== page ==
The number and variety of people involved in the election process are also factors limiting the impact of hacking. American elections comprise a system of systems, with many moving parts. Voters are registered, ballots are created, voting machines programmed, polling places set up and staffed, ballots handled and counted at the local and then state levels and on and on. If a hacker penetrates one element of this interlocking set of processes, there’s no guarantee he or she will be successful in affecting other areas.

As Joseph Carson, chief security scientist at Thycotic, put it, “Hacking a single election voting machine is easy, however, hacking many voting machines to change the outcome of an election is quite difficult.”

As Joseph Carson, chief security scientist at Thycotic, put it, “Hacking a single election voting machine is easy, however, hacking many voting machines to change the outcome of an election is quite difficult. To do this at scale, across many geographical locations which are decentralized is a major challenge would require a coordinated effort with physical access in multiple locations. While not impossible, it would be highly visible and not a stealthily hack to perform.”

Another reason it’s hard to imagine a massive, effective vote hacking scheme has to do with the auditability of the process. In the 45 states with paper ballots, or machine-generated paper receipts, election officials can do reasonably accurate recounts. The states without paper ballots are Louisiana, Georgia, South Carolina, New Jersey, and Delaware. The election recount and auditing processes are not without deficiencies, but there is at least a verification step possible to catch widespread election fraud and abuse.

 

Don’t Forget the Insider Threat

A system run by state and local-level officials, that depends on physical access to multiple machines can be hacked can most easily be hacked by insiders. If the government entity responsible for elections has the intent to change an election outcome, they are far better positioned to do so than foreign-based hackers. A friend of mine, who seems unaware of the concept of irony, calls this the “Al Gore-ithm.” And, given the American experience with its “Plug Uglies” and the like, we may be more vulnerable to this than to fiendish interference from across the seas.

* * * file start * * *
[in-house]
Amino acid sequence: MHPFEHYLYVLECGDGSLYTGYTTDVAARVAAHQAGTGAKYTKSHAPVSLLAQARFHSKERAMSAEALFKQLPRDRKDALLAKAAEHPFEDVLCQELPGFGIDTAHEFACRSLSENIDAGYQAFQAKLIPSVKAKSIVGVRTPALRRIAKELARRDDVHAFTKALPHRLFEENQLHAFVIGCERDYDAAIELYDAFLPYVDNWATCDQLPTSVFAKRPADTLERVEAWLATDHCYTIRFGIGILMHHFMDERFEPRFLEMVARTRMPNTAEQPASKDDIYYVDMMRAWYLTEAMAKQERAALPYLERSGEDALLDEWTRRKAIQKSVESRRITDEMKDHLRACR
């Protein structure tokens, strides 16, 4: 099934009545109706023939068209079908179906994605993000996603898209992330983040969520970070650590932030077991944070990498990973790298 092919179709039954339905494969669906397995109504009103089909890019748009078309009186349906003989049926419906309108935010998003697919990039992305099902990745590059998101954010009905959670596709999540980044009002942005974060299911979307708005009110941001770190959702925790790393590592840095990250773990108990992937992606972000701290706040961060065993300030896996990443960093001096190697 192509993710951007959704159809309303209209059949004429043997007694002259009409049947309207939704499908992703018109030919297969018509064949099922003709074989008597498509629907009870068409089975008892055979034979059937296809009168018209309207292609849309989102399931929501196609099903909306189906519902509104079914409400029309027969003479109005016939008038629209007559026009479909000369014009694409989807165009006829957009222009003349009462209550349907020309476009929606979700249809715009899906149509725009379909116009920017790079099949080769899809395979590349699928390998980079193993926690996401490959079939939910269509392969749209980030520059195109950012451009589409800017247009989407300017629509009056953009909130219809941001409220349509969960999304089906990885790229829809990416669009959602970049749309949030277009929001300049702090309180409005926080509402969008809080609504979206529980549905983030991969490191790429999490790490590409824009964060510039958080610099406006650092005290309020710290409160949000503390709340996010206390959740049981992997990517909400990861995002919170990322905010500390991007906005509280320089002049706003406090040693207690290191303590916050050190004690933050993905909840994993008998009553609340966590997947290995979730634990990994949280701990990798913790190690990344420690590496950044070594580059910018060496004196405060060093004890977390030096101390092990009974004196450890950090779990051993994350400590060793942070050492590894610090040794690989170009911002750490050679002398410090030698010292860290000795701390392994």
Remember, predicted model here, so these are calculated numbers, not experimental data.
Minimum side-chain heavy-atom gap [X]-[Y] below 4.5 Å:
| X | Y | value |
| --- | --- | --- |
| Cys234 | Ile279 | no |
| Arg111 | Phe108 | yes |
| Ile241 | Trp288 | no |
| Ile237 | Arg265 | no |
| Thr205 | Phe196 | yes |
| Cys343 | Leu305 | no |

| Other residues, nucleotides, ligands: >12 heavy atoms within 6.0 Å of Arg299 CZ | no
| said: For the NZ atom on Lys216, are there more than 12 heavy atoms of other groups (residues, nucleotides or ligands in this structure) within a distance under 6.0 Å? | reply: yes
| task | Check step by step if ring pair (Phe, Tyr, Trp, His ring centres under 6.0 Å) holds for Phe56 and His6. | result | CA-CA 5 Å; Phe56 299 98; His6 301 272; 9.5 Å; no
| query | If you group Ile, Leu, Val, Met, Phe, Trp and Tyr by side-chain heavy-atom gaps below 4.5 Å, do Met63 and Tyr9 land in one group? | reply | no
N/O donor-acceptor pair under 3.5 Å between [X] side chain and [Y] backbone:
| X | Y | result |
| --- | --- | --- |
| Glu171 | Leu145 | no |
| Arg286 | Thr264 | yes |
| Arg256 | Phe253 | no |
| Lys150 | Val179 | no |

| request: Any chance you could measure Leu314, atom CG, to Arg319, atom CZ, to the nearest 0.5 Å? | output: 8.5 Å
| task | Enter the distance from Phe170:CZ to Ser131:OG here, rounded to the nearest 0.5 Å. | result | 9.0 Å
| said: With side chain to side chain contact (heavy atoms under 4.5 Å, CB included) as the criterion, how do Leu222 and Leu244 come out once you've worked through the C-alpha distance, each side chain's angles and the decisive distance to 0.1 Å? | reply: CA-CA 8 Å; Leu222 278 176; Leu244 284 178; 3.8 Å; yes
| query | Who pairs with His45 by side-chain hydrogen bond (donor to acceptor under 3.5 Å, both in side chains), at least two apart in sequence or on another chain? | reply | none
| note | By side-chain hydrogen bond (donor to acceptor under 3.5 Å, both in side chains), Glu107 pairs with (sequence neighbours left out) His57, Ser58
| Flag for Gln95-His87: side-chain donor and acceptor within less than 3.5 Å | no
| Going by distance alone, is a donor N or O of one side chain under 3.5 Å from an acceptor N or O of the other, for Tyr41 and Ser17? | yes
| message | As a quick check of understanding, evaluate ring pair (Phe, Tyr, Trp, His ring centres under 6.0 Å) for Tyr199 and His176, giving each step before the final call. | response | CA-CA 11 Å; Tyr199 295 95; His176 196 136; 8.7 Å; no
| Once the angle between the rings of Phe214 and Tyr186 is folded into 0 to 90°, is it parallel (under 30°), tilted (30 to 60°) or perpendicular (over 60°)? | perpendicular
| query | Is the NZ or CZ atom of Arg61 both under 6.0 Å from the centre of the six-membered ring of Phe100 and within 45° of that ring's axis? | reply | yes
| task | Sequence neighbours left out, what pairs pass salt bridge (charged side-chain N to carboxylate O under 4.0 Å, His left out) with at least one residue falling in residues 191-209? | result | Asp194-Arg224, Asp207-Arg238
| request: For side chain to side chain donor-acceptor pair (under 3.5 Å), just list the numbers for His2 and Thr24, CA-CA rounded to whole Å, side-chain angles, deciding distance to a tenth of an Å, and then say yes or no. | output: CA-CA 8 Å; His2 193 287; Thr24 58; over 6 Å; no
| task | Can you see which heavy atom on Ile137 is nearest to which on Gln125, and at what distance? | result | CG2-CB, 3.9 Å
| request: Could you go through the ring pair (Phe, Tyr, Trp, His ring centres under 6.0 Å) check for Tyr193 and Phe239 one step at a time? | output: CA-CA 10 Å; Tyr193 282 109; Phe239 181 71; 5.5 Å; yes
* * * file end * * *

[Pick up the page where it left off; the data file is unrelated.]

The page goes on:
The Bigger Threat: Disinformation and Generalized Disruption

The low risk of systematic cyber vote rigging aside, we should still be quite concerned, and highly vigilant, about interference in America’s democratic process. Russia, in particular, is actively seeking to disrupt American elections. Their path to success just probably doesn’t involve actual voting processes. Rather, they are attacking all of the vital peripheral functions of voting to change and/or taint the final outcome. This might include cyberattacks on municipalities just before or during election day. The 2019 ransomware attacks on more than 600 government entities, healthcare service providers and school districts, colleges and universities (with Russia as a leading suspect in many cases) offers a clue as to what this malfeasance might look like.

As Joseph Carson noted, “Hacking the elections is about disinformation, targeting the candidates that you don’t want to become the next president, rather than trying to persuade citizens to vote for your preferred candidate.” He added, “Hacking the elections also starts early, especially during the primaries because if you divide the political party early enough, then you have to do less during a general election hack and this way it is also harder to determine any interference.”

“Their goal is not to elect a particular candidate. Their goal is to destroy the integrity of the American democratic process.” – Richard Henderson, Head of Global Threat Intelligence at Lastline

Richard Henderson, Head of Global Threat Intelligence at Lastline, offered an unsettling perspective that aligns with the broader geopolitical events surround the 2020 election. “Russia’s goal in 2020 is to cause so much uncertainty that both sides will feel fully justified in claiming that the election was stolen from them,” he said. “Their goal is not to elect a particular candidate. Their goal is to destroy the integrity of the American democratic process.”

Why would the Russian government want to do this? No one outside of Russia knows for sure, but geopolitical thinkers like Timothy Snyder, author of The Road to Unfreedom: Russia, Europe, America, place Russia’s intent to ruin American elections in the context of justifying their own election rigging. To paraphrase Snyder, the Russian’s want America democracy to look like a sham so that Russian citizens will not complain about what he calls “managed democracy”—a state where elections take place, but almost every aspect of them is fake, in order to guarantee power for a rich, select few.

 

Photo Credit: jenwuk Flickr via Compfight cc

Please follow and like us: